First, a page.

WASHINGTON – U.S. Sens. Mark R. Warner (D-VA), Chairman of the Senate Select Committee on Intelligence, and Marsha Blackburn (R-TN) led a bipartisan group of senators in urging the Cybersecurity and Infrastructure Security Agency (CISA) to reevaluate the risks associated with the use of drones manufactured by Shenzhen DJI Innovation Technology Co., Ltd. (DJI), a company with deep ties to the Chinese Communist Party (CCP).
In 2022, DJI was officially identified as a “Chinese military company” by the Department of Defense following several warnings about its risks, including a 2017 intelligence bulletin warning that DJI was likely providing sensitive U.S. infrastructure and law enforcement data to the Chinese government. Despite this action, the use of DJI drones remains common throughout the country. In 2021, it was reported that DJI controlled almost 90% of the consumer drone market in North America and over 70% of the industrial market. And in 2019, it was reported that 73% of public safety organizations are flying the company’s aircraft.
“[T]he widespread use of DJI drones to inspect critical infrastructure allows the CCP to develop a richly detailed, regularly updated picture of our nation’s pipelines, railways, power generation facilities, and waterways,” the senators wrote in a letter to CISA Director Jen Easterly. “This sensitive information on the layout, operation, and maintenance of U.S. critical infrastructure could better enable targeting efforts in the event of conflict.”
CISA has previously taken action to warn against the purchase and use of DJI aircrafts. In 2019, CISA published an “industry alert” underscoring the federal government’s “strong concerns” with Chinese drones and warning entities to be “cautious” in purchasing them. However, since this alert more information regarding the severity of the threat has come to light, and the senators are asking for a complete analysis of the security risks posed by DJI drones to be conducted and made publicly available.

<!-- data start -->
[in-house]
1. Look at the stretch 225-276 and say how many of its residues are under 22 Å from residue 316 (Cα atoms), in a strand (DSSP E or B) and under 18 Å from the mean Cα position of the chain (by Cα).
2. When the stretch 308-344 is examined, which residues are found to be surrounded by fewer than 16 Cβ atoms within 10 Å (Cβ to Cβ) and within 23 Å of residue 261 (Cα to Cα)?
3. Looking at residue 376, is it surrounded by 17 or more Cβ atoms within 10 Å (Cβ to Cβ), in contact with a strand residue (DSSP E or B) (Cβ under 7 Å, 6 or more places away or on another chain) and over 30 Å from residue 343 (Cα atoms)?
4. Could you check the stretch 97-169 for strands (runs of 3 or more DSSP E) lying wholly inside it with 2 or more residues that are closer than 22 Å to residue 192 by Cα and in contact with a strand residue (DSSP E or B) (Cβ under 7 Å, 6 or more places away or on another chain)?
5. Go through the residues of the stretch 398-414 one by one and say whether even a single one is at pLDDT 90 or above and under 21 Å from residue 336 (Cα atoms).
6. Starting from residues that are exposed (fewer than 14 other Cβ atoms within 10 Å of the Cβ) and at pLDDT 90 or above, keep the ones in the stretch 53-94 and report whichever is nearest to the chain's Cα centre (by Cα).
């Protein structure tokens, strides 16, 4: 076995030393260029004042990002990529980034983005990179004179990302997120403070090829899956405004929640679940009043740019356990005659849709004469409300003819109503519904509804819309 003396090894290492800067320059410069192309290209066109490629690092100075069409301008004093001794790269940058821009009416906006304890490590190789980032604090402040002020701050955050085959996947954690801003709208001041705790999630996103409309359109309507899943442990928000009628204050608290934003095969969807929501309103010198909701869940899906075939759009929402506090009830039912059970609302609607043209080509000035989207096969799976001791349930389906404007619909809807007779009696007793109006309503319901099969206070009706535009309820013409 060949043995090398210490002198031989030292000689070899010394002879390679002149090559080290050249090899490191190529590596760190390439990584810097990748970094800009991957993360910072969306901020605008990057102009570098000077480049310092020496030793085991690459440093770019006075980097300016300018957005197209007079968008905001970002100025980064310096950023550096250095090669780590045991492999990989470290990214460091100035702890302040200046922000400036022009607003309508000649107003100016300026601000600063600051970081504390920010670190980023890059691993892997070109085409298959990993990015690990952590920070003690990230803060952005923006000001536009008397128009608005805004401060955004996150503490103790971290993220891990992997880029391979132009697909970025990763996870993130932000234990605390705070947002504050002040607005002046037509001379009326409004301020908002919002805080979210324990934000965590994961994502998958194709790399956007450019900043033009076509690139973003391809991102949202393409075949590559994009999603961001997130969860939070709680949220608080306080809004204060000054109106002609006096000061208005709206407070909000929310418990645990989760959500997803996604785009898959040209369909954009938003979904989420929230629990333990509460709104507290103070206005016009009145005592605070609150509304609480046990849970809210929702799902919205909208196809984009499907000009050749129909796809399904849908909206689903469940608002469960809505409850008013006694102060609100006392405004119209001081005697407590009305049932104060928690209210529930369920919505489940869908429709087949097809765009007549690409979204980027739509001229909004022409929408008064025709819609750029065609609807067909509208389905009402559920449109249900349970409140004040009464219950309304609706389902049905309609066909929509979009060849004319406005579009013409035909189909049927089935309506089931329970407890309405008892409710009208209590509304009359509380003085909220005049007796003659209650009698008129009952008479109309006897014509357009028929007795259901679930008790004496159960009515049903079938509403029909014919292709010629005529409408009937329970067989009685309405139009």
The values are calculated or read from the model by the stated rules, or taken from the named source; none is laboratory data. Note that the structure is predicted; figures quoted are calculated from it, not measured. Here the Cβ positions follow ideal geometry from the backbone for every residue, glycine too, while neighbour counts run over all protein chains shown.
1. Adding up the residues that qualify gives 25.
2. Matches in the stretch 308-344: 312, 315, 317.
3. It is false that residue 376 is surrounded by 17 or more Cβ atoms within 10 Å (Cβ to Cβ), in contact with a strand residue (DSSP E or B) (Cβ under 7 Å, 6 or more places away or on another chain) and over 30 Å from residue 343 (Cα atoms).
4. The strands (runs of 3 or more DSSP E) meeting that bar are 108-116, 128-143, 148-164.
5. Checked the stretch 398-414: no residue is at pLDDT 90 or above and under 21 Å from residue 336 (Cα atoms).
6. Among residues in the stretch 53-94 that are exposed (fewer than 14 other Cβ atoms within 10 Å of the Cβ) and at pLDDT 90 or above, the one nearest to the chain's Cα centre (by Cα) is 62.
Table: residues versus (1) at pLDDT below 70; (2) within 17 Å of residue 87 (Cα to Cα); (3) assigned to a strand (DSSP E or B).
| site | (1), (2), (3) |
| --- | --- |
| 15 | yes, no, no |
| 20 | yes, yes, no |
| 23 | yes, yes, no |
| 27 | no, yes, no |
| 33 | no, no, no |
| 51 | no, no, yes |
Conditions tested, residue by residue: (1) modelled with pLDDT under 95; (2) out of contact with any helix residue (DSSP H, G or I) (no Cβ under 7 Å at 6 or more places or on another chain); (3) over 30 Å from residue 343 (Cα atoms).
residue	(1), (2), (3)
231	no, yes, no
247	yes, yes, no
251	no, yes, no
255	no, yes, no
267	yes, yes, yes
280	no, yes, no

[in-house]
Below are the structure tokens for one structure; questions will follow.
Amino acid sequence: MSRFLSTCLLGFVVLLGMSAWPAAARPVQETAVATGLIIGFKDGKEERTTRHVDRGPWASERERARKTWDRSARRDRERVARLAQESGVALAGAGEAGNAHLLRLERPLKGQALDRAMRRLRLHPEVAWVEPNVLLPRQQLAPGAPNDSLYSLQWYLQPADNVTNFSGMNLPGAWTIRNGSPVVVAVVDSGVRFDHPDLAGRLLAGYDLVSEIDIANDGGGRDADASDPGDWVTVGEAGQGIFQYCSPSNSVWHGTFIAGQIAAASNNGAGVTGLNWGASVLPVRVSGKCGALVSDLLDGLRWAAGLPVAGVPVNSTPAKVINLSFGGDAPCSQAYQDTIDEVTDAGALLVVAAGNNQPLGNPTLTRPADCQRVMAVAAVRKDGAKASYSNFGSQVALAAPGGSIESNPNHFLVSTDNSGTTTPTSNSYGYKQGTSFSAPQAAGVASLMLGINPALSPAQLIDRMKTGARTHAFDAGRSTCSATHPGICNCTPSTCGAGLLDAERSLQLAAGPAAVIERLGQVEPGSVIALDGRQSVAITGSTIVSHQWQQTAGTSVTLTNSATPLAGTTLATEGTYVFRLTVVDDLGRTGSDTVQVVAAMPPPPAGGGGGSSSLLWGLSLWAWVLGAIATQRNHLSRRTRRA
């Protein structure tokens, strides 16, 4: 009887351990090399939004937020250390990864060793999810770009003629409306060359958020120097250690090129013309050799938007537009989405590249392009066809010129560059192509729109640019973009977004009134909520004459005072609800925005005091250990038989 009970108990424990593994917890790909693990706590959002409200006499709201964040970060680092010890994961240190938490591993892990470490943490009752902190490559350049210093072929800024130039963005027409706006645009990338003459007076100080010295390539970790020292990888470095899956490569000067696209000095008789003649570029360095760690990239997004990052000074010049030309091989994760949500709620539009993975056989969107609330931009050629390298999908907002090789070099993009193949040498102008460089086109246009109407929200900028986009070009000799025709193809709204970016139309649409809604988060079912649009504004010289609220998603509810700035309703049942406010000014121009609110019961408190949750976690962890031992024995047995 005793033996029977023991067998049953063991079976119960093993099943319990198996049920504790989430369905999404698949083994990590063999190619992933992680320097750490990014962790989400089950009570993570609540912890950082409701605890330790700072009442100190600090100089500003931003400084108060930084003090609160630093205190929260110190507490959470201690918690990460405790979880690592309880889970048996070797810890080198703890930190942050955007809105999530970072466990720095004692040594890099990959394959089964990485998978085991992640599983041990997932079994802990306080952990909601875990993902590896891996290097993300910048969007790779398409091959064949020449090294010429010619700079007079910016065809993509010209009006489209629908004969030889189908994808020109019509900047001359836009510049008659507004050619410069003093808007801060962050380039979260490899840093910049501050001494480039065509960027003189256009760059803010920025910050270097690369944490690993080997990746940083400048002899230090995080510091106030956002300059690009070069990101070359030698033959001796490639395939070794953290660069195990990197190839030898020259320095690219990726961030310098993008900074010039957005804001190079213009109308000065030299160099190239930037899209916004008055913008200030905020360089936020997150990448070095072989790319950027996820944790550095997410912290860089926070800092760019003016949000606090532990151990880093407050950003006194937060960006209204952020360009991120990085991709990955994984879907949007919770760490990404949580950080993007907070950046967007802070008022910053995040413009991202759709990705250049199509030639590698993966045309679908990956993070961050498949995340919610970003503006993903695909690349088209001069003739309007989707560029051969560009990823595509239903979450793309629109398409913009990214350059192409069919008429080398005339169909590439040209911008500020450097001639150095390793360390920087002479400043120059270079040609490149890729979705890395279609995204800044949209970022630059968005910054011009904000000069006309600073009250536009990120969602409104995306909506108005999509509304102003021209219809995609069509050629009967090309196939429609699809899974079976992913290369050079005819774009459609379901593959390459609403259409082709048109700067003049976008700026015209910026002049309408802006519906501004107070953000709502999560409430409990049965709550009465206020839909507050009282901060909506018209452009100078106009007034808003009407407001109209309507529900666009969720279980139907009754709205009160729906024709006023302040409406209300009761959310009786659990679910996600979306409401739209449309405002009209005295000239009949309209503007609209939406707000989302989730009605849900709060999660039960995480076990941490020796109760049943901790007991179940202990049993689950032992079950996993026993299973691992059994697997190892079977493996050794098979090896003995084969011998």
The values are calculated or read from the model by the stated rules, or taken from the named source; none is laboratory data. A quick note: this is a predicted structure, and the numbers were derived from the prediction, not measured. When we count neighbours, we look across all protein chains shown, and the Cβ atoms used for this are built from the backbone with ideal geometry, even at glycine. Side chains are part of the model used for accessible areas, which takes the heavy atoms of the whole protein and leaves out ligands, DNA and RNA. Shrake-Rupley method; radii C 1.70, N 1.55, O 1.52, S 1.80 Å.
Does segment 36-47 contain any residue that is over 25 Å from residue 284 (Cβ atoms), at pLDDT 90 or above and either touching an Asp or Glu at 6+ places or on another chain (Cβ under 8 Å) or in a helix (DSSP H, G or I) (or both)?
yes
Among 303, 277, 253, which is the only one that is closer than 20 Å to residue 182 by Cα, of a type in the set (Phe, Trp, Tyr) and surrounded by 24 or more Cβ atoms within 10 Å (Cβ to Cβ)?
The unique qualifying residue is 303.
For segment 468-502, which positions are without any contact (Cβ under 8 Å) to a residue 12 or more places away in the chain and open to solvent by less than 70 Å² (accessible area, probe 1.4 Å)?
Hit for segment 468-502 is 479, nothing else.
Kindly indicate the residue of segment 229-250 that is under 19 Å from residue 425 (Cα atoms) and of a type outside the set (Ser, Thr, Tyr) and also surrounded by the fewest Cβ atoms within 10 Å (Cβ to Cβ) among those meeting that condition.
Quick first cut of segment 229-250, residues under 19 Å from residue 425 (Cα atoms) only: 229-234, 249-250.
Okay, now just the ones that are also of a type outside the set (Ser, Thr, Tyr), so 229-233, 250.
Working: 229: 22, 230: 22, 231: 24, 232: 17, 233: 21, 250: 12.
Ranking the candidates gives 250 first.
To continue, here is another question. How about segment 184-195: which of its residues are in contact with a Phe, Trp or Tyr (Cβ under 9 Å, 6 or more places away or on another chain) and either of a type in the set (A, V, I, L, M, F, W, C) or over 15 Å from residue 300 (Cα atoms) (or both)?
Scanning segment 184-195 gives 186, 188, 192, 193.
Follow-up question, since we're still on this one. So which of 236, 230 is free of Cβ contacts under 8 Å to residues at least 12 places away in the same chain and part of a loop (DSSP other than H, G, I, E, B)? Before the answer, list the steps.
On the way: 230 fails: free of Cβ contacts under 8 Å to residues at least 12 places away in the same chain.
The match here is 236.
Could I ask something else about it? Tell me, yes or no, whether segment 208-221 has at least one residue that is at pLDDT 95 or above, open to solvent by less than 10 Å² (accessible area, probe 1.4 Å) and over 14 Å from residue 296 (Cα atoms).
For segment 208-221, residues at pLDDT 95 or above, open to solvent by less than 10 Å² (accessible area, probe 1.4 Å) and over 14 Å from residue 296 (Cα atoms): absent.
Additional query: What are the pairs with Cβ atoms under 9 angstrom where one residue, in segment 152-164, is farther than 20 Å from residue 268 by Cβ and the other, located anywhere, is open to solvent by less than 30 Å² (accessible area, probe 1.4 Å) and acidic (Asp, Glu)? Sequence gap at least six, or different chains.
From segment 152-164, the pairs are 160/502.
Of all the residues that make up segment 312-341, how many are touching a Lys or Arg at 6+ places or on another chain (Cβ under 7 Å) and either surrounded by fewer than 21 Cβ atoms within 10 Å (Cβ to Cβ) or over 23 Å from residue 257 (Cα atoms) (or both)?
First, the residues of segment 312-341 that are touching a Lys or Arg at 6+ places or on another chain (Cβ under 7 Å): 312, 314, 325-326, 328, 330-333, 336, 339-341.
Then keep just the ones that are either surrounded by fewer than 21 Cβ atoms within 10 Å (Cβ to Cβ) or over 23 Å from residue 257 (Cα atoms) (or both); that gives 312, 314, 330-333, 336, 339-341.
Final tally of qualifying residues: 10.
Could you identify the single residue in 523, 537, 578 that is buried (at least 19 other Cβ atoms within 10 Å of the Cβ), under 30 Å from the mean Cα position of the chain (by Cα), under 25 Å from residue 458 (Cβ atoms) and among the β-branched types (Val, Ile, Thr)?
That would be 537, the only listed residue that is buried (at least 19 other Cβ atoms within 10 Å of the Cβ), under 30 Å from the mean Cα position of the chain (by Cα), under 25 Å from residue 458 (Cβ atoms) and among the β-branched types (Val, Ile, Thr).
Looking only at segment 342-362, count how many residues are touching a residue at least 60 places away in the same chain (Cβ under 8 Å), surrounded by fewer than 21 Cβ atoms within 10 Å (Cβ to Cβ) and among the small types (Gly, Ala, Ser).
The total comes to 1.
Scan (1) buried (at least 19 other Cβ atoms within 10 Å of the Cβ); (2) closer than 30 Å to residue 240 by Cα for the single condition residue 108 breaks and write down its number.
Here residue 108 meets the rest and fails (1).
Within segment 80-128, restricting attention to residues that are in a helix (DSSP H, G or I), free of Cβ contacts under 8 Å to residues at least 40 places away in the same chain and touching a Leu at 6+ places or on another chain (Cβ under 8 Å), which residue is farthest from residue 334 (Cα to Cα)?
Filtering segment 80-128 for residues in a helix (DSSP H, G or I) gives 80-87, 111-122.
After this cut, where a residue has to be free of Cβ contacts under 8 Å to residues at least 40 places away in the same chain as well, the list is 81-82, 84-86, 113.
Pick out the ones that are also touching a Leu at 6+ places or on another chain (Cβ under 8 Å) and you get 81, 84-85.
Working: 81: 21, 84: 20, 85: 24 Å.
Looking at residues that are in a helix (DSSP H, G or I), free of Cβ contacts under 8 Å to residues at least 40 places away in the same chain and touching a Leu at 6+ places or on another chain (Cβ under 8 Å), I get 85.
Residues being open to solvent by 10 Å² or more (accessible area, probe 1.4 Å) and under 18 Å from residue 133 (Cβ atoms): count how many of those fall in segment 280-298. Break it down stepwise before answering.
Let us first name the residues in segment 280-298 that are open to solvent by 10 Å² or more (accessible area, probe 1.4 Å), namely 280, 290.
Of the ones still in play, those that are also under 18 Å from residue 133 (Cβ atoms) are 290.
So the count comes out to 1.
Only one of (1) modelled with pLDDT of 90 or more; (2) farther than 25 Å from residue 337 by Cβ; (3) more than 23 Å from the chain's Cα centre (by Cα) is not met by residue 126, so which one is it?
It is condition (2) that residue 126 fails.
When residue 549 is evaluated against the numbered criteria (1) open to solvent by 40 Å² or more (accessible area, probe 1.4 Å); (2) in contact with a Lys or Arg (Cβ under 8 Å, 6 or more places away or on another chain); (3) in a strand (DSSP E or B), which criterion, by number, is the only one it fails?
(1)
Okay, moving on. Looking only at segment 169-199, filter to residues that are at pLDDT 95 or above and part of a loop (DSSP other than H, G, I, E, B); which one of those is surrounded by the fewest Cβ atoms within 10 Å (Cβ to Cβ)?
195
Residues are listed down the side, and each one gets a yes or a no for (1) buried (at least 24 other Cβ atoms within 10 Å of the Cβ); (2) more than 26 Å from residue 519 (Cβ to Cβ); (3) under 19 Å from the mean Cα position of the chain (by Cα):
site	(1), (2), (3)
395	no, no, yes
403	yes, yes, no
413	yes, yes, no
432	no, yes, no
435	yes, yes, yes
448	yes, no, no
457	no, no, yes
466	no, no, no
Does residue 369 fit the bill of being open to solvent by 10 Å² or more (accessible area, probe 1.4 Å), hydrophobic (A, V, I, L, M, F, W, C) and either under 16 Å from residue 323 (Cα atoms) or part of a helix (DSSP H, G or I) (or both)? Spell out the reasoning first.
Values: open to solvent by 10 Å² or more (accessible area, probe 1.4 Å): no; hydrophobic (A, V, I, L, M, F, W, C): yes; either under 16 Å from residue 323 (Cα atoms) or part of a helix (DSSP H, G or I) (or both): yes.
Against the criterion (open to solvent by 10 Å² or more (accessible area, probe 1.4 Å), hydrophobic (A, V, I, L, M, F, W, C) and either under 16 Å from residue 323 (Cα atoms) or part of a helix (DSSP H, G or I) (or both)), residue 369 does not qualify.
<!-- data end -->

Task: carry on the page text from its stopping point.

In addition to Sens. Warner and Blackburn, the letter was signed by Sens. Richard Blumenthal (D-CT), John Thune (R-SD) Jeanne Shaheen (D-NH), Rick Scott (R-FL), Kyrsten Sinema (I-AZ), Todd Young (R-IN), JD Vance (R-OH), Ted Budd (R-NC), Dan Sullivan (R-AK), Deb Fischer (R-NE), Mike Braun (R-IN), Cynthia Lummis (R-WY), Tommy Tuberville (R-AL), and Jerry Moran (R-KS).
Sen. Warner is a strong supporter of the domestic production of unmanned systems, including driverless cars, drones, and unmanned maritime vehicles. Earlier this year, he introduced the Increasing Competitiveness for American Drones Act, legislation that will clear the way for drones to be used for commercial transport of goods across the country. As Chairman of the Senate Intelligence Committee, he has led efforts in Congress to shore up U.S. national and cybersecurity against hostile foreign governments through unmanned air systems. Last month, Sen. Warner introduced legislation to prohibit the federal government from purchasing drones manufactured in countries identified as national security threats, such as the People’s Republic of China.
A copy of the letter can be found here and below.
Dear Director Easterly: